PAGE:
I’m going to fly on September 11.
OK, so, in the overall scheme of things, it’s perhaps not that big a deal. I know that it’s been six years, that part of our not letting the terrorists win is to go on about our normal lives. I don’t even know anyone personally who died in the attacks, though I know people who do. At the time of the attacks, I wasn’t living in the parts of our nation targeted (although we relocated to the Northeast soon afterward). It’s not like I plan to spend some significant part of the day in prayer or contemplation—and it’s certainly not that I believe for one second that there will be a recurrence of those horrific events just because it’s the sixth anniversary.
I was, however, traveling by air on that fateful day, only to be grounded hundreds of miles away from friends and family (see “Never Forget“). I know that others were stranded farther away from their loved ones—and perhaps for longer. But it was a time when I wanted—more than I could possibly have imagined at the time—to be with my family. It was a time when people who love each other should have been able to comfort and reassure each other.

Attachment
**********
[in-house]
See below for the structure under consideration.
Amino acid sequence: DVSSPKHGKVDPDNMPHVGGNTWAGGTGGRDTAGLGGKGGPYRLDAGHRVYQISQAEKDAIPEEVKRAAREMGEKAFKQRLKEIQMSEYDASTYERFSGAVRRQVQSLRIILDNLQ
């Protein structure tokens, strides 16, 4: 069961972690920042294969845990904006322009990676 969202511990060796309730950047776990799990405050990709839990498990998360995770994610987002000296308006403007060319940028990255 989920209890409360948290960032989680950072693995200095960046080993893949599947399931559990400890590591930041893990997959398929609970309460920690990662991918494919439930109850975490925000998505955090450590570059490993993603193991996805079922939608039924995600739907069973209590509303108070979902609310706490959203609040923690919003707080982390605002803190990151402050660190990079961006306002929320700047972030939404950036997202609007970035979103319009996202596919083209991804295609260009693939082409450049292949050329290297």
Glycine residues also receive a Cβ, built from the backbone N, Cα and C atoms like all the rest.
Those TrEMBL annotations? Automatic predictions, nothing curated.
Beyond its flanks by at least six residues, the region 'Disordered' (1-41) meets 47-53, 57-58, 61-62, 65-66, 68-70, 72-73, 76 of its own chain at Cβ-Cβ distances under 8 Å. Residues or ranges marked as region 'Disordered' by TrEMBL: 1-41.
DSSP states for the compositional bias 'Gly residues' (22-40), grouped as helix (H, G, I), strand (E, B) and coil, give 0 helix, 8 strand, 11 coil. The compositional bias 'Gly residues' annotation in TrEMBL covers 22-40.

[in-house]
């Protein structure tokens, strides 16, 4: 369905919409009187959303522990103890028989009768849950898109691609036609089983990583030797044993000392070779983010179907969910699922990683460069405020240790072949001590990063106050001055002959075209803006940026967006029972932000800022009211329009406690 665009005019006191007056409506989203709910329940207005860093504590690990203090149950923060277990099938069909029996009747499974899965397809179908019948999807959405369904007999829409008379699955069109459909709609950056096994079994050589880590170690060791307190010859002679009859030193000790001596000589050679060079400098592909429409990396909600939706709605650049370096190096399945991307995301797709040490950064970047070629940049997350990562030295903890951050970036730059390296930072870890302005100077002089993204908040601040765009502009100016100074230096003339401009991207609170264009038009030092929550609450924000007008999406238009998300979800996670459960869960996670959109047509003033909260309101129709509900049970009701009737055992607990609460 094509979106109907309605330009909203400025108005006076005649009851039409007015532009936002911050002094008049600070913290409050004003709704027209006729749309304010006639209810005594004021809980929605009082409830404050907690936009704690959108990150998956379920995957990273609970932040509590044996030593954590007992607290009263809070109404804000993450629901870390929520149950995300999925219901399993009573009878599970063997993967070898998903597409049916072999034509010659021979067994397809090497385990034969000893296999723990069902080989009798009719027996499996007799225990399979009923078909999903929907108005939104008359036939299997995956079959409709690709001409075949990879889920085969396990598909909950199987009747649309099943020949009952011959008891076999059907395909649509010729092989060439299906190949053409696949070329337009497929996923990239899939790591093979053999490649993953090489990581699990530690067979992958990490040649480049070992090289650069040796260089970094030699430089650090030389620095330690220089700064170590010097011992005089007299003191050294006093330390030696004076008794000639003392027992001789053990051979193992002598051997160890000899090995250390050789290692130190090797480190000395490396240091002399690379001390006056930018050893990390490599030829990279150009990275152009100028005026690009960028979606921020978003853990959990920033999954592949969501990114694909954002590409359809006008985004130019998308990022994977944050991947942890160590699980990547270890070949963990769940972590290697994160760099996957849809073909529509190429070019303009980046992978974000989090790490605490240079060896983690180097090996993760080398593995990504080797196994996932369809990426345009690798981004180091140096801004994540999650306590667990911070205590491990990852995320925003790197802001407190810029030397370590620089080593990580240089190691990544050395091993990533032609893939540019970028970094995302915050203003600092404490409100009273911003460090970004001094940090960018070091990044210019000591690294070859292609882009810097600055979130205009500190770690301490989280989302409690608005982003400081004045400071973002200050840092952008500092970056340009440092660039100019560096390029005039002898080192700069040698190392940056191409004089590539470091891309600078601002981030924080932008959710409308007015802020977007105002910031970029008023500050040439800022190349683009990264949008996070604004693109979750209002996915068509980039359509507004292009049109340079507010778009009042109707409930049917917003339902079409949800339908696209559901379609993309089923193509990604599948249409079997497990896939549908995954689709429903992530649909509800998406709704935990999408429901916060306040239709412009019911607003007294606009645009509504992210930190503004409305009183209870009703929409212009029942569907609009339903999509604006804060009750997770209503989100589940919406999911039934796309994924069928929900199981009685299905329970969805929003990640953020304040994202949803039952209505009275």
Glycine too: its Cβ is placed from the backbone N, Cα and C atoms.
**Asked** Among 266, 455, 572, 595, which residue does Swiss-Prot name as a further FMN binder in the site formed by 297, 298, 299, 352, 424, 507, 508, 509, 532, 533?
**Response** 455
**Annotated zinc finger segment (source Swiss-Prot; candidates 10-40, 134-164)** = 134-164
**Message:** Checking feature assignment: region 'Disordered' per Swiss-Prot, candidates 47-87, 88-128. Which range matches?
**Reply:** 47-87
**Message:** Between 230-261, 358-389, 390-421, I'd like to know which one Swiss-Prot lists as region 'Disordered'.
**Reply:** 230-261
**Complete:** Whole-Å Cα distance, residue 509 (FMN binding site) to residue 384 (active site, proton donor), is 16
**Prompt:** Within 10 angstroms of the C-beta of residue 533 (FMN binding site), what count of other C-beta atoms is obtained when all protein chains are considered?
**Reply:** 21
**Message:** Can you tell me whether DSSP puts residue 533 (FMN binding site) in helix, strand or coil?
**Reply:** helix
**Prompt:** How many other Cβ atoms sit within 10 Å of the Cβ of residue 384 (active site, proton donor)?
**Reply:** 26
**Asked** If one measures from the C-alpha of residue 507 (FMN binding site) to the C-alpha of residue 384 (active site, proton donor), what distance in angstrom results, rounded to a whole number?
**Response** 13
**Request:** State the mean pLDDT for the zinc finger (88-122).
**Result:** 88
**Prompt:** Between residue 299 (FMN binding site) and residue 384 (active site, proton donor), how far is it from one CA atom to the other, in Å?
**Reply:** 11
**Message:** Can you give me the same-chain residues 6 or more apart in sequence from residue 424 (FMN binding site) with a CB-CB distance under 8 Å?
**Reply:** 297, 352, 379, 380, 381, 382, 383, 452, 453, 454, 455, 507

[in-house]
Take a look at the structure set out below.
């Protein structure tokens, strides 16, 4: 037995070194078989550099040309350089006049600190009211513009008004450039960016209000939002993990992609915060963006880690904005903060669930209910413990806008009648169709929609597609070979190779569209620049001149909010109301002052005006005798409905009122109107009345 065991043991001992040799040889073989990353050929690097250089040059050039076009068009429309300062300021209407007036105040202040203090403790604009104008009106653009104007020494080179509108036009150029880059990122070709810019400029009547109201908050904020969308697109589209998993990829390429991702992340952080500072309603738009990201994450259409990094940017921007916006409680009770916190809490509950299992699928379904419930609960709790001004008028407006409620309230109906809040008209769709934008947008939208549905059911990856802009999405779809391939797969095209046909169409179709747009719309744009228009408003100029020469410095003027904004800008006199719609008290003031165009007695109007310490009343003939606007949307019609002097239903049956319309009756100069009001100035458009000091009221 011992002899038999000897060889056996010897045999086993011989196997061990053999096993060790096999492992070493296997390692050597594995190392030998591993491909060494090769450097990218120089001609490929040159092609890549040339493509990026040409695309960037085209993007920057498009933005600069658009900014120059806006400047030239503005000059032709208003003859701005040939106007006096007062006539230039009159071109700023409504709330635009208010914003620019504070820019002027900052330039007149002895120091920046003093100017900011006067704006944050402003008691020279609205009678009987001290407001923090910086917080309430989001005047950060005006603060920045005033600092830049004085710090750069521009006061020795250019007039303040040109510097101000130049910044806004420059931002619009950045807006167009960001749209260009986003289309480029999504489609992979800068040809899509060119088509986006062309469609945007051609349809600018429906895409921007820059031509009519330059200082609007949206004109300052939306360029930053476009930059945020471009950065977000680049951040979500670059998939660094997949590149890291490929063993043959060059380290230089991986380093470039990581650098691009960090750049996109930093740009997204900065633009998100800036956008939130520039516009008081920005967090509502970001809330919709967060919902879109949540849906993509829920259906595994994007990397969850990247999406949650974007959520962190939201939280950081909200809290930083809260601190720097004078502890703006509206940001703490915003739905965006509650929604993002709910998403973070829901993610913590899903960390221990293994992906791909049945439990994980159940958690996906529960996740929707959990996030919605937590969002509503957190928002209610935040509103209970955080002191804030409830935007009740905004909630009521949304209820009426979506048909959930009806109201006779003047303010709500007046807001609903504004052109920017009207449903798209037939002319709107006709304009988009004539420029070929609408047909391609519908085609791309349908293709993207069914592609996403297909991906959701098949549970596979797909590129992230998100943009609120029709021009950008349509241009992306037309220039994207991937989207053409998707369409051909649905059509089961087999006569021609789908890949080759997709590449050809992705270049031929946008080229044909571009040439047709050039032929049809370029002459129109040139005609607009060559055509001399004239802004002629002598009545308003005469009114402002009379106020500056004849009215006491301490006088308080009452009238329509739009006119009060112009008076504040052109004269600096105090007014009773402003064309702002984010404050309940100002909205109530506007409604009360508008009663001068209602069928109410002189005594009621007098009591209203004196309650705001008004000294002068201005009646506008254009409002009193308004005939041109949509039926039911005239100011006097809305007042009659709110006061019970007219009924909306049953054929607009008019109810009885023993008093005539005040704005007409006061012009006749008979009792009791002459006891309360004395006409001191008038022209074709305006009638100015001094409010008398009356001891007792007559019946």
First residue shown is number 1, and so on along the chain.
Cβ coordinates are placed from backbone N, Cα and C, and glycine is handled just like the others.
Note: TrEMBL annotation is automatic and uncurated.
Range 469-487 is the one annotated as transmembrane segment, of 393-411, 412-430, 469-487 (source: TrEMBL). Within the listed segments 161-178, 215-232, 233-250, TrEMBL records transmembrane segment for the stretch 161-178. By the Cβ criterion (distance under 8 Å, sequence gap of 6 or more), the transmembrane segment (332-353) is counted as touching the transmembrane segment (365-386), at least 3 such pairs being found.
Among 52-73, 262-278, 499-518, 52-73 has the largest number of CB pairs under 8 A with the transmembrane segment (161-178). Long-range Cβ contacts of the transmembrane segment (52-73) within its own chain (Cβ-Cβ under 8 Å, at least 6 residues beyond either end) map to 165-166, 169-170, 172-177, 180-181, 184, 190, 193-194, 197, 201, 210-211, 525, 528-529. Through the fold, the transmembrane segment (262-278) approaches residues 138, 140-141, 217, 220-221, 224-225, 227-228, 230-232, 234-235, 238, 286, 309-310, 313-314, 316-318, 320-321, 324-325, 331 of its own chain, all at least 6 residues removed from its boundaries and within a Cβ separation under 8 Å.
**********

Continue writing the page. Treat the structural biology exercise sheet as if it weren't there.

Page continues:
Somehow, the notion of once again being hundreds of miles away from my family on that day just seems wrong. Not as wrong as missing a birthday or graduation (I’m still batting 1.000 there)—but wrong, nonetheless. Whatever else we try to make of it, for this generation anyway, September 11 will always be “different.’
Like you, I’ll always have my memories of that day. I’ll never approach getting on an airplane the same way again, for one thing. I doubt that I’ll ever feel as “safe’ as I once did, but I also appreciate in a very special way, every day, the love of my family, the support of friends, the joy of being alive—and the responsibility to remember always that there are those whose reunion with their loved ones still lies ahead.
I may be traveling this September 11. But it is not—and should never become—“just another day.’
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